If there was one city we weren’t going to skip during our time in Morocco, it was Chefchaouen. We weren’t strangers to this little town nestled in the Rif Mountains. It was a destination we’ve seen grace the pages of many travel magazines and online publications, labeled as “mesmerizing”, “electric beauty”, and “Morocco’s best kept secret”.
Was it all marketing fluff, words that look good on magazine covers, or was the town really as beautiful as they made it sound? We were about to find out.
We rocked up to Chefchaouen early afternoon, after an easy 2-hour drive from Tangier. We didn’t book a hotel or have any solid plans for our visit.
We parked our car and with backpacks on our backs walked right into the medina and were immediately transported into a fairytale setting. We expected to see some blue in Chefchaouen, maybe a few cute blue alleyways, a couple of blue buildings, but no. EVERYTHING inside the Chefchaouen medina was blue, from the public square and government buildings, to flower pots and benches.
What’s with all the blue you ask? Well as the story goes, this funky decor dates back to 1471, when the city of Chefchaouen was founded as a small fortress to fight the Portuguese invasions of northern Morocco. It was around that time that the city also became a large settlement for the Jewish people who fled here after the Spanish Reconquista. It is said that it was the Jewish teachings that connect the colour blue with the sky and with God’s power that inspired the locals to decorate the medina in bright blue.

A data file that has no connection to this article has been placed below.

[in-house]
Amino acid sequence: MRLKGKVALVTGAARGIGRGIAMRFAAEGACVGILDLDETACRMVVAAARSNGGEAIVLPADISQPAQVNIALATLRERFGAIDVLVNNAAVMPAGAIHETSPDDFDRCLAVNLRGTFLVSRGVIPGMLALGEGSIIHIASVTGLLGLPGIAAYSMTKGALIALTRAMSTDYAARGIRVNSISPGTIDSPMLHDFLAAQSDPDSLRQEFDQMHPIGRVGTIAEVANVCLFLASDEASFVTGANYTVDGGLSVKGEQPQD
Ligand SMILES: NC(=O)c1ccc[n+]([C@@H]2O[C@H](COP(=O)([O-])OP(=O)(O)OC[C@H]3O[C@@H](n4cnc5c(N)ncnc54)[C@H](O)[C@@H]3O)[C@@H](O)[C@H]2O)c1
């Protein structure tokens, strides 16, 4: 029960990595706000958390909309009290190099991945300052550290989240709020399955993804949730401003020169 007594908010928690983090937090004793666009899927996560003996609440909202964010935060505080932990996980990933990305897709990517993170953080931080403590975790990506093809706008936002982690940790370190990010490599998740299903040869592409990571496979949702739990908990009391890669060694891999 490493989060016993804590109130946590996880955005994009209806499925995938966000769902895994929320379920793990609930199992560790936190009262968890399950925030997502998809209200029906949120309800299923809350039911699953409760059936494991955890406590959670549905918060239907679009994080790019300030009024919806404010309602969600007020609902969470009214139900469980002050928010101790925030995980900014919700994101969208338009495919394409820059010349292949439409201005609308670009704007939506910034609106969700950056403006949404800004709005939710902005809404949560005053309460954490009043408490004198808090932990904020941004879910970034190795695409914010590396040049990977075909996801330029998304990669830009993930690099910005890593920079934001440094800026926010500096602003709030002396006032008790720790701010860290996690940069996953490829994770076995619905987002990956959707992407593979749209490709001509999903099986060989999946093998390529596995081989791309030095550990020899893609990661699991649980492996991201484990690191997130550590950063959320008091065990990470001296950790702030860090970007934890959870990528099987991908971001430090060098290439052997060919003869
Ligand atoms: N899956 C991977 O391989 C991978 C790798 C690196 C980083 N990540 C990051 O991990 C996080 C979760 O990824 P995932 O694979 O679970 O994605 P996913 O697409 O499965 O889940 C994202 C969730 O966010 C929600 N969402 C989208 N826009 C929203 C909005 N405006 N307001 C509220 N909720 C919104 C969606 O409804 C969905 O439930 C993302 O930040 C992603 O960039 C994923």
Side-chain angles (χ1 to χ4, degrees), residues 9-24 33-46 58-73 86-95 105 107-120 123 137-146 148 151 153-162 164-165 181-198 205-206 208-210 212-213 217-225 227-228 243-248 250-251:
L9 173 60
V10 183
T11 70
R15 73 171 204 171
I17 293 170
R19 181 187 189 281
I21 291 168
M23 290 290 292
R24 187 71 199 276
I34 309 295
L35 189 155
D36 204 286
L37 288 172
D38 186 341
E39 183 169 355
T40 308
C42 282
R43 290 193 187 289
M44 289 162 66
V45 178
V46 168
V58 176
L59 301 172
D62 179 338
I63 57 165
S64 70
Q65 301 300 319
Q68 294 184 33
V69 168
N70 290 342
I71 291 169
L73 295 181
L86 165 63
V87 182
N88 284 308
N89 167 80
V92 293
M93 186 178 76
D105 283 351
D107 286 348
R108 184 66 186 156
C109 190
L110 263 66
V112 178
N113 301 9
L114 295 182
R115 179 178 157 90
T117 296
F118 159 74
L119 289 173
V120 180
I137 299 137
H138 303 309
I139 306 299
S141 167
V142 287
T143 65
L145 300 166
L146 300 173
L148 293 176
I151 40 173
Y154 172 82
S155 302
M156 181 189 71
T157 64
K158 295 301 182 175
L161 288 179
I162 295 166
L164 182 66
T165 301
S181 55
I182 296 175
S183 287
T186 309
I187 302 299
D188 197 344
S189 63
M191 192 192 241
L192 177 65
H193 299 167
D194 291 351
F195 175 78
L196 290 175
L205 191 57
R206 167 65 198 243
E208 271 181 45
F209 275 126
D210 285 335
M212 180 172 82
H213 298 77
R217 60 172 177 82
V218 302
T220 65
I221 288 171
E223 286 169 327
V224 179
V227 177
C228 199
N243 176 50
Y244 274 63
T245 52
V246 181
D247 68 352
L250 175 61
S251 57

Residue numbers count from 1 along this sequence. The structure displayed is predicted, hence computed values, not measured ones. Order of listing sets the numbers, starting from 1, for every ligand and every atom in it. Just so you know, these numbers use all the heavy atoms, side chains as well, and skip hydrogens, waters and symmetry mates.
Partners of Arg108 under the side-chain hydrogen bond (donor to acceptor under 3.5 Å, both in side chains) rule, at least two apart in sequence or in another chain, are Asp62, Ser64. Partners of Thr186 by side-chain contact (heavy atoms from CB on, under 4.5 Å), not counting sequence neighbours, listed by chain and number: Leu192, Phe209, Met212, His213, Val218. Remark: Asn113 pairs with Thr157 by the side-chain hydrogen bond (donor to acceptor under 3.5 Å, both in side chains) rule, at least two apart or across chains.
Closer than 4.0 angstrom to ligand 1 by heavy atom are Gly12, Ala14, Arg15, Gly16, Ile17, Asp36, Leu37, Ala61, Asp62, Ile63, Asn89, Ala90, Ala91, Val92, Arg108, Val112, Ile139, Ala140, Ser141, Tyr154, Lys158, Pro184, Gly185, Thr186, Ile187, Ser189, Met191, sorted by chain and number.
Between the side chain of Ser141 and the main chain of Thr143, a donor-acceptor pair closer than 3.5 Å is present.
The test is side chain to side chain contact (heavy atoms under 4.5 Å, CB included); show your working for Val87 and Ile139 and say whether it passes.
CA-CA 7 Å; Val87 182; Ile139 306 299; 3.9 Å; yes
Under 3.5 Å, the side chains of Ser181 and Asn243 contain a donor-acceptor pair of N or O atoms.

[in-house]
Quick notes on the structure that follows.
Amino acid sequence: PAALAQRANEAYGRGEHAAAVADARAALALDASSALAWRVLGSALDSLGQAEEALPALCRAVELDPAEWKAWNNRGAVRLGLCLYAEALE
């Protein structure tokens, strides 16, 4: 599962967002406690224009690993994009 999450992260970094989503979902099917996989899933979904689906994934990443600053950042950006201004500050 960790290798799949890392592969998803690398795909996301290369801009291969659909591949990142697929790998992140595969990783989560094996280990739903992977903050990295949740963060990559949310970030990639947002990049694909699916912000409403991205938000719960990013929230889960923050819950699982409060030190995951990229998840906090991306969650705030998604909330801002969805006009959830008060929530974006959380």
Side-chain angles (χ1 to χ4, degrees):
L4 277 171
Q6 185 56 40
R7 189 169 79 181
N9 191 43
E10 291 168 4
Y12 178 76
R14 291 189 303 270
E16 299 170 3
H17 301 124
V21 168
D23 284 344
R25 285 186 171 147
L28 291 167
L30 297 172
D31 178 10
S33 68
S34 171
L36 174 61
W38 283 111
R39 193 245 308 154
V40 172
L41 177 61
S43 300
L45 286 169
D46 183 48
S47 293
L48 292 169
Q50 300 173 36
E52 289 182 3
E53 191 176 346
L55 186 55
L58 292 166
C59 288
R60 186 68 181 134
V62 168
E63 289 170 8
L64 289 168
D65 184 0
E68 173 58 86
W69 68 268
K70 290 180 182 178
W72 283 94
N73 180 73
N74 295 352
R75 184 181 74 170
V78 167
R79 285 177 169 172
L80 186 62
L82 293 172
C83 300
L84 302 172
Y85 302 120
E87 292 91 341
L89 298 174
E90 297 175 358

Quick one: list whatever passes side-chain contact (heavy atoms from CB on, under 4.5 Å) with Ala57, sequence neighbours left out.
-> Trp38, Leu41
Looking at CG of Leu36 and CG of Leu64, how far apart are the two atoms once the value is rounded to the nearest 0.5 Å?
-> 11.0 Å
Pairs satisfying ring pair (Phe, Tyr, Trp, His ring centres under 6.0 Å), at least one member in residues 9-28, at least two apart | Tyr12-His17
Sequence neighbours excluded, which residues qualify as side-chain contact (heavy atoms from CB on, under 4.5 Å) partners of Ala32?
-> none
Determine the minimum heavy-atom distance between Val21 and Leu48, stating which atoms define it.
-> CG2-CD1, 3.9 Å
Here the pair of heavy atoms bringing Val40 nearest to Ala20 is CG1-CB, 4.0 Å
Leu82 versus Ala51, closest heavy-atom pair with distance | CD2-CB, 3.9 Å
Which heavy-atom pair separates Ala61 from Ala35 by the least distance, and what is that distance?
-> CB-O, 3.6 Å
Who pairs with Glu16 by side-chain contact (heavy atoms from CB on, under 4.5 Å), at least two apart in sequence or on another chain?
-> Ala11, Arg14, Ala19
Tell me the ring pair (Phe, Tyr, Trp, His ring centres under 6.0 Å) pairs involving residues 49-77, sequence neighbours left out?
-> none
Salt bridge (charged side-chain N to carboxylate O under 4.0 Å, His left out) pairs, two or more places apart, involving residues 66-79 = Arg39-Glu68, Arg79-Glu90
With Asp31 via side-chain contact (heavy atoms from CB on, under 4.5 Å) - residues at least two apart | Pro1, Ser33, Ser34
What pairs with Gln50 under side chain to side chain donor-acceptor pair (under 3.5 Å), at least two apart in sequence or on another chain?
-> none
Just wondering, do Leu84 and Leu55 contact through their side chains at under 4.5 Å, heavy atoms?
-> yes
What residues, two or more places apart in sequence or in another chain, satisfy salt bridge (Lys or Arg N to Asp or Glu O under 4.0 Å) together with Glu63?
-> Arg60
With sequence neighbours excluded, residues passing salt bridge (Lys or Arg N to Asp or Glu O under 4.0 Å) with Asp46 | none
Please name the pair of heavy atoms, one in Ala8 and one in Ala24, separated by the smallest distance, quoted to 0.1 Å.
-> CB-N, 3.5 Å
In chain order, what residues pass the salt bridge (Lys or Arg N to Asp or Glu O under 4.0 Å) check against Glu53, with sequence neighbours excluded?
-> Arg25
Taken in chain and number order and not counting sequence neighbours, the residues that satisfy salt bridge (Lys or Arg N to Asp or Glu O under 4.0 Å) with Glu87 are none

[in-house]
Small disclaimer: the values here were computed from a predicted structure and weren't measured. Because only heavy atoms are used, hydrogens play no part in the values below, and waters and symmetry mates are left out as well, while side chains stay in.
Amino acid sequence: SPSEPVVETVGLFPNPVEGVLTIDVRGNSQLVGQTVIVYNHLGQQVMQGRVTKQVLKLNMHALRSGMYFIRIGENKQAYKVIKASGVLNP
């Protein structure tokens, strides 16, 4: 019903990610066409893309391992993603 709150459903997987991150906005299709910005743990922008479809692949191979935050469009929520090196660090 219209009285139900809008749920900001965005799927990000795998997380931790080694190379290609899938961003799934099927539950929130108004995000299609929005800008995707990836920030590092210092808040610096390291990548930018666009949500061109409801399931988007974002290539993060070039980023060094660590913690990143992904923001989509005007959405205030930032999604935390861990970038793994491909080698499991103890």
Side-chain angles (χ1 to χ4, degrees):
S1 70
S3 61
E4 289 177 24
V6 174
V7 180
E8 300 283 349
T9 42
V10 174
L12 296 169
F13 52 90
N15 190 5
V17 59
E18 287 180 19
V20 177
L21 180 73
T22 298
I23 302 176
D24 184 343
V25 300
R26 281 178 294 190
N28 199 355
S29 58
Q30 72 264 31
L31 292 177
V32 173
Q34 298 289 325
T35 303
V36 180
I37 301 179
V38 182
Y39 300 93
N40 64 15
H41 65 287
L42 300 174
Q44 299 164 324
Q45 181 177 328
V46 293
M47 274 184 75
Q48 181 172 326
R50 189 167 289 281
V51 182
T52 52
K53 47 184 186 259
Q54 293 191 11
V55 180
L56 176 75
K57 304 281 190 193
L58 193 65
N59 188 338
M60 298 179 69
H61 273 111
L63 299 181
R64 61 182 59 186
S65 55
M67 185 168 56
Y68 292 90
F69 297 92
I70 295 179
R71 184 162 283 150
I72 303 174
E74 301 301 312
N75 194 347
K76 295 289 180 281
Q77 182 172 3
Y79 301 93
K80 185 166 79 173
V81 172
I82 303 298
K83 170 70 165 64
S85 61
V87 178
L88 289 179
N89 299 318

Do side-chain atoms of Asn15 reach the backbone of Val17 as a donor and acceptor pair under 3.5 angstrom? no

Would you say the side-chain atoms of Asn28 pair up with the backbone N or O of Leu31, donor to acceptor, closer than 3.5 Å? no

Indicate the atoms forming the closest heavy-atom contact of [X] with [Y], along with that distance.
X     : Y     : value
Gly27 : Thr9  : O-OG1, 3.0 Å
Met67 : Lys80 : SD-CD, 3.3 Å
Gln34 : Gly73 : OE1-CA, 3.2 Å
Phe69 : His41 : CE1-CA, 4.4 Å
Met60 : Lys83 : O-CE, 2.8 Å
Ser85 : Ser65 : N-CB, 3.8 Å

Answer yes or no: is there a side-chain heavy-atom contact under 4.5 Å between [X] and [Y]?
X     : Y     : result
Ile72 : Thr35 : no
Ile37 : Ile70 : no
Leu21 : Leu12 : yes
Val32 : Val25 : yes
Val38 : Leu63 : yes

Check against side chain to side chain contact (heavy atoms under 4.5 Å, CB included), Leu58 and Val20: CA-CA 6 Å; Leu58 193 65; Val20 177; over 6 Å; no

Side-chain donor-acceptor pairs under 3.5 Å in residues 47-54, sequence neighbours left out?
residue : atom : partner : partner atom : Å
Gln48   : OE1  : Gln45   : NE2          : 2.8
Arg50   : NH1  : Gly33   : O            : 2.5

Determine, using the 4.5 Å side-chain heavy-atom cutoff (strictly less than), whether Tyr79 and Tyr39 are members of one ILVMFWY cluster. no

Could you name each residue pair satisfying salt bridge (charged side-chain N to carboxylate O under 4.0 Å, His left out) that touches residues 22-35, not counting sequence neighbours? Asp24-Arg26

Today, despite the absence of Jewish refugees, the bright blue colour remains a symbol of the village. And even more so, it is, what turned this small town of some 40,000 residents into one of the biggest tourist attractions in Morocco. We heard that to keep up the appeal, the local government even provides the necessary supplies (paint, brushes, etc) to the villages.
But it wasn’t just the picture perfect blue backdrops that we loved about Chefchaouen. Having visited lots of other cities in Morocco, we can confidently say that Chefchaouen was by far the most laid back, the most friendly, and the most pleasant town we came across during our time in Morocco.
We ended up staying in a beautiful little riad in the heart of the medina, and spent 2 days roaming around the beautiful blue alleyways, indulging in delicious food, or people watching in the main square.
Chefchaouen is one of those towns that doesn’t require a well thought out itinerary, it doesn’t have a long list of things to see and do, or a slew of activities and attractions you just can’t miss.
The beauty of Chefchaouen is the town itself…